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Bill Cotter

Playing a merry tune

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Playing the carillon at Coca-Cola, May 1964. Newly restored 35mm slide.

coca-cola-carillon.jpg

I wonder where one practices for this sort of instrument? Not like there are many home versions! And, in case you were wondering, the sheet music is labeled "Piano Music for Leisure Hour". You wouldn't want to be play "Piano Music for Work Hour" by mistake!

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Really arranged so an organist can play it - even has expression pedals. 

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I would think the response time - and note length - of a bell would be somewhat different than a piano or an organ - but what do I know?

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Don't know if this look inside the works has been posted here before:

http://www.grantbob.com/2007/05/inside-carillon.html

 

I looked up the Grommes-Precision amplifiers shown in the grantbob.com photos and see that they specialize in public address amplifiers and also in lightning protection for PA systems. Of course! Never thought about that aspect before.

https://www.grommesprecision.com/index.html

 

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I actually heard a concert given by this instrument.  But it wasn't at the Fair.

It was years later when I was a freshman at Georgia Tech.  I took a weekend trip to Stone Mountain.

The music was quite impressive, and at the time I never made the connection that this instrument was at the Fair.

 

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8 hours ago, sunguar said:

I actually heard a concert given by this instrument.  But it wasn't at the Fair.

It was years later when I was a freshman at Georgia Tech.  I took a weekend trip to Stone Mountain.

The music was quite impressive, and at the time I never made the connection that this instrument was at the Fair.

 

I'd like to get there someday.

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8 hours ago, sunguar said:

I actually heard a concert given by this instrument.  But it wasn't at the Fair.

It was years later when I was a freshman at Georgia Tech.  I took a weekend trip to Stone Mountain.

The music was quite impressive, and at the time I never made the connection that this instrument was at the Fair.

 

There's a Georgia Tech connection to the existing speaker tower too as it was designed by Ed Moulthrop who taught at Georgia Tech. https://en.wikipedia.org/wiki/Moulthrop_family Ed was a super nice guy that I had the pleasure of meeting several times but by that time he was well into his woodturning career and I didn't even know about the carillon yet.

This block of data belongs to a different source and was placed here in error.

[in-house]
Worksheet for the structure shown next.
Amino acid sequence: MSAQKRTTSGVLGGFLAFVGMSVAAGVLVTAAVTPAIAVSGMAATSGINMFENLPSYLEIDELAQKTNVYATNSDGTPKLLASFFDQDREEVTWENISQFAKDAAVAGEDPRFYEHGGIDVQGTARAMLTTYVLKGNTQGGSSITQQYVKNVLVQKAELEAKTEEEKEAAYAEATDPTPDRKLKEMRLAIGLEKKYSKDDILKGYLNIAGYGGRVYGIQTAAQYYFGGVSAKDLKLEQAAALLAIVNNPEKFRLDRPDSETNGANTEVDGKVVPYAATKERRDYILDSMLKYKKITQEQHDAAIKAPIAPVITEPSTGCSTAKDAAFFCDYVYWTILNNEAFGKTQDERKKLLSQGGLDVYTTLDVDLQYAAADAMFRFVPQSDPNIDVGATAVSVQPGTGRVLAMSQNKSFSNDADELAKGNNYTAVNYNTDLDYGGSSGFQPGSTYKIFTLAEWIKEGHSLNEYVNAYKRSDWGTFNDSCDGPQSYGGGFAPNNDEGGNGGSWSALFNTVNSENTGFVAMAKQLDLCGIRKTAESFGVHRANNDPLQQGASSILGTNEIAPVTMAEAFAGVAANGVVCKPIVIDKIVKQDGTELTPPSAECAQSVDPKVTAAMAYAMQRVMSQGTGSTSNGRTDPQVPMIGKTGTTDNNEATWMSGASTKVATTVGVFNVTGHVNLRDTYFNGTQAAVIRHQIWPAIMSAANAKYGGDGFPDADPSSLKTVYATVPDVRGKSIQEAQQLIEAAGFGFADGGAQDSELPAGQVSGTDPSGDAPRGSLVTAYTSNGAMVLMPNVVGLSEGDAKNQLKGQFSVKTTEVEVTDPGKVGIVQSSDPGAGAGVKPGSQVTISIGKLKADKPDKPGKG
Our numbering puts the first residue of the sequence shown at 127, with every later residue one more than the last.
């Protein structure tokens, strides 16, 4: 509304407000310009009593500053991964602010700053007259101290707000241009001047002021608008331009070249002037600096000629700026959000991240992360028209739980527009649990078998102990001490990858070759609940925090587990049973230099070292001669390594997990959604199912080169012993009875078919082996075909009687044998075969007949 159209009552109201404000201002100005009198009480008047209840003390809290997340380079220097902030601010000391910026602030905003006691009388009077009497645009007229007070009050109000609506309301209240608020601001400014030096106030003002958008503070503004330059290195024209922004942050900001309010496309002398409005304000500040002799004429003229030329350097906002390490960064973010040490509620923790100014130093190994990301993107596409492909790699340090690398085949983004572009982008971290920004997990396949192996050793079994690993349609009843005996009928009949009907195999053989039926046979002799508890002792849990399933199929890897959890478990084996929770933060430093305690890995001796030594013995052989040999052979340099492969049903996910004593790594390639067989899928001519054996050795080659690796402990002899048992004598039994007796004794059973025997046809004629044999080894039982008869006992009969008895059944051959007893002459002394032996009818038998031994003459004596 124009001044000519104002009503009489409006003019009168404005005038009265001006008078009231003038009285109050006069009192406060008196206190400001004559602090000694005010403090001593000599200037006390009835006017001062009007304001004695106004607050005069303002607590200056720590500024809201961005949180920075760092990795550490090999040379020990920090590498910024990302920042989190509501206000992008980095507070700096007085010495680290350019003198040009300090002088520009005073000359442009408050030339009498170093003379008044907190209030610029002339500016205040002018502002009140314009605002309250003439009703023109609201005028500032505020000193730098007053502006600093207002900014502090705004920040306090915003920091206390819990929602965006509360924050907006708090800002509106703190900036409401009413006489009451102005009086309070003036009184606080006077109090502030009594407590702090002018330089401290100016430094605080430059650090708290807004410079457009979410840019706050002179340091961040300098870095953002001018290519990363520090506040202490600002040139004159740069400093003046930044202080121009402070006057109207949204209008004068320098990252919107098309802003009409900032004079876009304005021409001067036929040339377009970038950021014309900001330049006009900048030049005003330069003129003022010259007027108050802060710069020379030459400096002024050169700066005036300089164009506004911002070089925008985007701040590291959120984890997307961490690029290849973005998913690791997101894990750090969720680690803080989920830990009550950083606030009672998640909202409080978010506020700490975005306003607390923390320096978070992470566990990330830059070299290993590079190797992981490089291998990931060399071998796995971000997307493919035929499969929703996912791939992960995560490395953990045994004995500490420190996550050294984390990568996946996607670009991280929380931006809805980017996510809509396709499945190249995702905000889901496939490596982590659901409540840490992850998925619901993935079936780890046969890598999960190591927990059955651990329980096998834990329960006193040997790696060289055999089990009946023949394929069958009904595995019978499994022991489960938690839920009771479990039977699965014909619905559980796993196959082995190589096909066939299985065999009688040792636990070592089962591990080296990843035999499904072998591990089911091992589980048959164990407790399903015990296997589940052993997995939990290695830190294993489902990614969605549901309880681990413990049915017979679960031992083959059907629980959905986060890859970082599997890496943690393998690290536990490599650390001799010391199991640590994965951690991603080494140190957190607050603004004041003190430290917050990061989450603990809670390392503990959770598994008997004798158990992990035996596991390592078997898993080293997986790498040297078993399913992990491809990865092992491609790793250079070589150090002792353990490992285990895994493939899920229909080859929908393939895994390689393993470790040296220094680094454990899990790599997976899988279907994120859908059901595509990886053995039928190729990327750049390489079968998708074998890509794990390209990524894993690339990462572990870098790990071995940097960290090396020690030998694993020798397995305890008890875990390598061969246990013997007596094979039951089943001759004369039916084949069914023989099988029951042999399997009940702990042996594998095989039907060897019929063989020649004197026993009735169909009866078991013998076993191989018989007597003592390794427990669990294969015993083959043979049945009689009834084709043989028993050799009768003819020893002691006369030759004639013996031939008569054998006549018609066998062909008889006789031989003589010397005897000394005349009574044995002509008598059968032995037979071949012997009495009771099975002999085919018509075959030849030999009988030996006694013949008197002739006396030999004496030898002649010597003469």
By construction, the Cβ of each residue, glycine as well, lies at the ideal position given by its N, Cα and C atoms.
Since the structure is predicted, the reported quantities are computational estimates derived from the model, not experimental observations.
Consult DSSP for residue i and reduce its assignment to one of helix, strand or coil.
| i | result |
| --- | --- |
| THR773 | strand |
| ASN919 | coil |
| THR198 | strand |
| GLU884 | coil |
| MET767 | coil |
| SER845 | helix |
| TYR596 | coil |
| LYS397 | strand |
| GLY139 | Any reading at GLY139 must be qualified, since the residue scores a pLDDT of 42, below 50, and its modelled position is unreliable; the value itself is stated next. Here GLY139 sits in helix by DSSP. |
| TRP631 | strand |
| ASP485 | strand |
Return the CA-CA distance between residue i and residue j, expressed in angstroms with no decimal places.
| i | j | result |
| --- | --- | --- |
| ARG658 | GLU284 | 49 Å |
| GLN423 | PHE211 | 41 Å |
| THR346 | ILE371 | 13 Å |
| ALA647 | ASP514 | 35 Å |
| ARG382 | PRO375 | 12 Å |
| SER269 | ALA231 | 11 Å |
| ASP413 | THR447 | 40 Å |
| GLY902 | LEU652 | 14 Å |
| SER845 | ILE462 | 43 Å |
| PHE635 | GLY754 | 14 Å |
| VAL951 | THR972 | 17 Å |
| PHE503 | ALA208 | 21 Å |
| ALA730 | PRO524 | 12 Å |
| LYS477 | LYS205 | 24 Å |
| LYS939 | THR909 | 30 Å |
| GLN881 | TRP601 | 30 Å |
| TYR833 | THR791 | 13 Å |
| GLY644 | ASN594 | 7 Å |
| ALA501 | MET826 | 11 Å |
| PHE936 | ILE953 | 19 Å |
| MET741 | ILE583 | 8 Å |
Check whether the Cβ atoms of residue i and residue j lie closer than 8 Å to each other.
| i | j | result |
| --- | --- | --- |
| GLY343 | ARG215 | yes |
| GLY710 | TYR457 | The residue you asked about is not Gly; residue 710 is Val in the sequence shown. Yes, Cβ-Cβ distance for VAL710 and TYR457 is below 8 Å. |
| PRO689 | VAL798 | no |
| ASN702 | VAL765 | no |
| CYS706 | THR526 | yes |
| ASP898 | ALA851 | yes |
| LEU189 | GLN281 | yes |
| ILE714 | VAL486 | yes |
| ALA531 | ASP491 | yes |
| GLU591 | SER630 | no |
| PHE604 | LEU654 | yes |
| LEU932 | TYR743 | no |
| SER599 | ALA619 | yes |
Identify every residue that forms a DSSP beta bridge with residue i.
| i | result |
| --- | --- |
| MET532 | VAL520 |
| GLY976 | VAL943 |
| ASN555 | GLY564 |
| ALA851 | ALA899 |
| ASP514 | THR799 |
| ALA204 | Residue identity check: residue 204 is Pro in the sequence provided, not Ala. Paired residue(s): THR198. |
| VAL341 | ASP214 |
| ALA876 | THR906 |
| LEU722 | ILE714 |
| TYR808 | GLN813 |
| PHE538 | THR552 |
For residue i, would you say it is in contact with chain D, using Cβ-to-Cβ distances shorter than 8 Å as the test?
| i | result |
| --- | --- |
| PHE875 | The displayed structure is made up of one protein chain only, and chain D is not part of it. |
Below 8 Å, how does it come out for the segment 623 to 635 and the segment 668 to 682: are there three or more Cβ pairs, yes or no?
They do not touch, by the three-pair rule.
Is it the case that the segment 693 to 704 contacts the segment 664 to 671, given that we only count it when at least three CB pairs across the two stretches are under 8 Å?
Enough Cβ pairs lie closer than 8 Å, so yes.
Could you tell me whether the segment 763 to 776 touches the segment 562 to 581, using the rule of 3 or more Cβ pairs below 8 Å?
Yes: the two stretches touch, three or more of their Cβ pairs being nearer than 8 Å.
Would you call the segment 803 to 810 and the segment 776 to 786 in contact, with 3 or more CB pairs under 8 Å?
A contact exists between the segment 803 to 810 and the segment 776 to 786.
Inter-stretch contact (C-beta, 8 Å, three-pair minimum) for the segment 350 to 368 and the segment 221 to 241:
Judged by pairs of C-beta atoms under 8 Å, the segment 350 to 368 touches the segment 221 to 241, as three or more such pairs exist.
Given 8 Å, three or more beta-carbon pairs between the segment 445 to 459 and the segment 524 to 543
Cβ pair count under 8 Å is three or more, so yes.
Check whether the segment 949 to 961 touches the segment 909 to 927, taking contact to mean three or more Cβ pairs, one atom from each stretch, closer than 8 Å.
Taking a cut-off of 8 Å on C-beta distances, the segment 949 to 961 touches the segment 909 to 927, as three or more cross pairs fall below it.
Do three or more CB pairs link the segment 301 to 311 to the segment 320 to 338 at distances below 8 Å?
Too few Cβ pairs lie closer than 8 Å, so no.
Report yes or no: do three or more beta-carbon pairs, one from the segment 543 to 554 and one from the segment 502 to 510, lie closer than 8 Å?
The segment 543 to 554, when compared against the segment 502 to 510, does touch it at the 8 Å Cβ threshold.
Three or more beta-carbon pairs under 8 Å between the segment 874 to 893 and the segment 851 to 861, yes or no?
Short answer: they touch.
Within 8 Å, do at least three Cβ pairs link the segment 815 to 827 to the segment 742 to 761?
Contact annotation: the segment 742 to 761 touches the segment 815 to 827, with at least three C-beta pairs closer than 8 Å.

(Not related to the carillon's life at the fair but still a nice factoid) 

 

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19 hours ago, Bill Cotter said:

I would think the response time - and note length - of a bell would be somewhat different than a piano or an organ - but what do I know?

Yes you hit the nail on the head here. I asked Mabel Sharp (the current carillonneur) about this once and even though the console is basically an organ console, attempting to play it as such would result in a harmonic disaster. The tones of each bell can still affect the others in the rack. You've got to learn what you can play together, what to leave out and how to break things up. Evidently Mabel played the harp before learning the carillon and it has similar issues. There is also quite a noticeable delay between when you strike a key and when you hear the sound from the speaker tower. Even when you use the local monitor in the room with the console there's more delay than I expected.

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Grant, thanks for joining and bringing all the info.  

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On 9/2/2019 at 10:13 PM, Grant said:

There's a Georgia Tech connection to the existing speaker tower too as it was designed by Ed Moulthrop who taught at Georgia Tech. https://en.wikipedia.org/wiki/Moulthrop_family Ed was a super nice guy that I had the pleasure of meeting several times but by that time he was well into his woodturning career and I didn't even know about the carillon yet.

(Not related to the carillon's life at the fair but still a nice factoid) 

 

Thanks for that info, Grant.

I'll have to research if I had Ed as a teacher (architecture).  In fact, he may have been the one to steer us to the carillon at Stone Mountain.

 

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